06-16-2012, 09:23 AM
I have no doubt you could do the same with the Dynasty. It's the weldor, not the welder that is the key...
I on the other hand can make an ugly bead with any welder, good or bad.
This is kinda like saying the snap-on wrenches build better engines...

06-16-2012, 11:30 AM
Actually what I'm trying to do is get people to talk about the welding machines themselves and the arc characteristics which seperate 1 machine from another. Kinda like big block engines, I like to know what difference in the engine seperates it from another engine ultimately.

I believe long ago, someone mentioned something about the 'voltamp curve' or 'slope', but I've always been curious how one machine runs smooth, another crisp, another seems to solidify metal really slowly -

My 56' shorthood for some reason will literally slow down the weld - not so slow that you could literally see molten metal slowly dance across the filler to the pipe, but it's like welding with a time machine! It's weird.

I did a job test one time with a Miller Pipe Pro 450: the way I described it was (welding 6010) "It was like asteroids were falling, crashing into my weld; it would just gouge that massive keyhole in the pipe, then you'd step forward then step back into the whole, and it would fill up like Rocks were being dumped into it via dumptruck, any gouge marks/undercut on the inside of the pipe (Cause by the Lunar Crashings welding technology) - the molten metal would reach as far as it possibly could to greedily grab as much undercut as it could then cover it, before carrying on and gouging another keyhole ready to fill.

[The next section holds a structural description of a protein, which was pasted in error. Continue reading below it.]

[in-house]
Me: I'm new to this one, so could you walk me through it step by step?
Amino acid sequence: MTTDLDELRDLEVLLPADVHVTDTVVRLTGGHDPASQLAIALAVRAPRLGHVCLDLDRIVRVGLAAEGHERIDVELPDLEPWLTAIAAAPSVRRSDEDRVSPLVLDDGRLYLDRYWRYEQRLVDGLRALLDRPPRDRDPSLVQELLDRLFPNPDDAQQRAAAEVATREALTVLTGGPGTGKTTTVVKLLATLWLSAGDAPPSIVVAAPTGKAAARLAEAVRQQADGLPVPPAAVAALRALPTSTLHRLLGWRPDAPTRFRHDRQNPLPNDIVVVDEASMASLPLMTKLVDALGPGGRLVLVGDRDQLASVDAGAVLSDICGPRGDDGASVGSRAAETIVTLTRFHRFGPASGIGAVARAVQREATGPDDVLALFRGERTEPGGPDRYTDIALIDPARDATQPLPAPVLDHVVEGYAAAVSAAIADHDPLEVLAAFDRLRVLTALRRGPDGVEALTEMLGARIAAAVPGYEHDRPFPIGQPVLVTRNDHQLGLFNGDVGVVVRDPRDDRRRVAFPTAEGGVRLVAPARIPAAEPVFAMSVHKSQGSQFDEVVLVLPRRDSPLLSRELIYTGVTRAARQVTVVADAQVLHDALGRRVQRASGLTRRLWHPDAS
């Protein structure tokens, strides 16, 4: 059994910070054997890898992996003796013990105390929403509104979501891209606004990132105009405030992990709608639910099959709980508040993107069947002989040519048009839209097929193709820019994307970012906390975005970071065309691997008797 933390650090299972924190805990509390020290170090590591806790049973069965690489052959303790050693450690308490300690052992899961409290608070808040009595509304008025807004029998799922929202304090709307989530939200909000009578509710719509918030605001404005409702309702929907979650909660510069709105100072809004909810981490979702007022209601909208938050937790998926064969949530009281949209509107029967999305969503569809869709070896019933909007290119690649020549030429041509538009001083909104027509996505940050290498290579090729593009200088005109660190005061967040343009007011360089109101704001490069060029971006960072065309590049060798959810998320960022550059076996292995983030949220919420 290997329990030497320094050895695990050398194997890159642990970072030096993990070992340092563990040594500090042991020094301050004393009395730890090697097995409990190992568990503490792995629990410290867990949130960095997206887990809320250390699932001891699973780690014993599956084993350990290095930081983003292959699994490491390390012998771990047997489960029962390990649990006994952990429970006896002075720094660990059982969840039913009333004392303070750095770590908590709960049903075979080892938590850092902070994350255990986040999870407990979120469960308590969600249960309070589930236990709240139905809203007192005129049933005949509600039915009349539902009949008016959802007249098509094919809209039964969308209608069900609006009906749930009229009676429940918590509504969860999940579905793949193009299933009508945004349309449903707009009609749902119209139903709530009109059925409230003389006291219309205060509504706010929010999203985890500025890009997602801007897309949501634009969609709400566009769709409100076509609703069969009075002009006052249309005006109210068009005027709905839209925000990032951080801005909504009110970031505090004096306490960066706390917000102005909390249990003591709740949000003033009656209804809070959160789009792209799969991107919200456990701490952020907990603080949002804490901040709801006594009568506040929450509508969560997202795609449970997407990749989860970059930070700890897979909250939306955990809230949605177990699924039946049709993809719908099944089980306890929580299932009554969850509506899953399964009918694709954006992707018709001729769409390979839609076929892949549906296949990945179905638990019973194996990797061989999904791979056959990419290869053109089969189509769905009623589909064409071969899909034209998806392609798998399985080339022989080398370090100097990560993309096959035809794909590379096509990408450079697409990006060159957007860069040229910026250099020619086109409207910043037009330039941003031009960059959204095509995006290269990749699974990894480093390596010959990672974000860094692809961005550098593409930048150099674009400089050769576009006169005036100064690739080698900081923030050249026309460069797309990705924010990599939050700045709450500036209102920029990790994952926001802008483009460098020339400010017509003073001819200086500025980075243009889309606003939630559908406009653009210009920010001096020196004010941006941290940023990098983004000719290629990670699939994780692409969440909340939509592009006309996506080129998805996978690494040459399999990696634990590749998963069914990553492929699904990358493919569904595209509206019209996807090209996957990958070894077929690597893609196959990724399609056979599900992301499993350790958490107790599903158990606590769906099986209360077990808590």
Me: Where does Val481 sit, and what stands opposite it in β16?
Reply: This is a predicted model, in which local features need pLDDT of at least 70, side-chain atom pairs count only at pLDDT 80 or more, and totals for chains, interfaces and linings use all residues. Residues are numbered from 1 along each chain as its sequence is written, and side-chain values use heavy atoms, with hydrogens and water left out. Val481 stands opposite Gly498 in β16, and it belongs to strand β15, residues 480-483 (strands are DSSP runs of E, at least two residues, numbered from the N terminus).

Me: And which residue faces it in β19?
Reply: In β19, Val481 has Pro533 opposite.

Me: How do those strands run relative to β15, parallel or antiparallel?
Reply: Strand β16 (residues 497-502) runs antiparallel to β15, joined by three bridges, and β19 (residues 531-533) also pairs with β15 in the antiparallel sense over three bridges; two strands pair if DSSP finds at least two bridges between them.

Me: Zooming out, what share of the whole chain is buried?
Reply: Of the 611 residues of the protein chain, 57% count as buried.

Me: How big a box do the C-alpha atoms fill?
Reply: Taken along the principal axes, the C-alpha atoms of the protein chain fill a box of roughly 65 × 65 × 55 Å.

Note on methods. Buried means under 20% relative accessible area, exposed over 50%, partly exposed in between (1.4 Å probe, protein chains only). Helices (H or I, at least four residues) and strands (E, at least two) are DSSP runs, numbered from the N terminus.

--I didn't like that machine. Never Welded with one like that before or since.

The old Acklands welding machines from the 1970's & 80's are awesome Tig Welding Machines. GRB in Edmonton uses them, and they're pretty cool, but arc welding is definately primitive. Which is perfect for learning how to weld.

The very best Tig welding machine I ever used was an old Miller Welding Machine - Not sure what exactly it was, but this thing had these big buttons and knobs, and when you'd turn it on, it would go "Bing" and loudly turn on. Wish I knew what it was, because it was the smoothest Tig welding machine I've ever used, like running a molten red sword through a pound of butter thats at room temperature.

06-16-2012, 11:38 AM
I've got a Miller Dynasty 200dx and a Lincoln sa200 so my reply is definitely not biased one way or the other but you will never weld those soda pop cans with a sa200.So the Dynasty wins versatility hands down. I'm sure if I were pipelining I'd be using the sa200 or a diesel equivalent.

06-16-2012, 11:50 AM
Never heard of a "Stubby"

06-16-2012, 02:13 PM
Never heard of a "Stubby"

That's alright, not too many people would know what a "Detroit Screamer" would be., anyways, a "stubby" is just a fancy way of saying "shorthood" fro
Where I'm from, it's a very old term. May not be too common in other areas.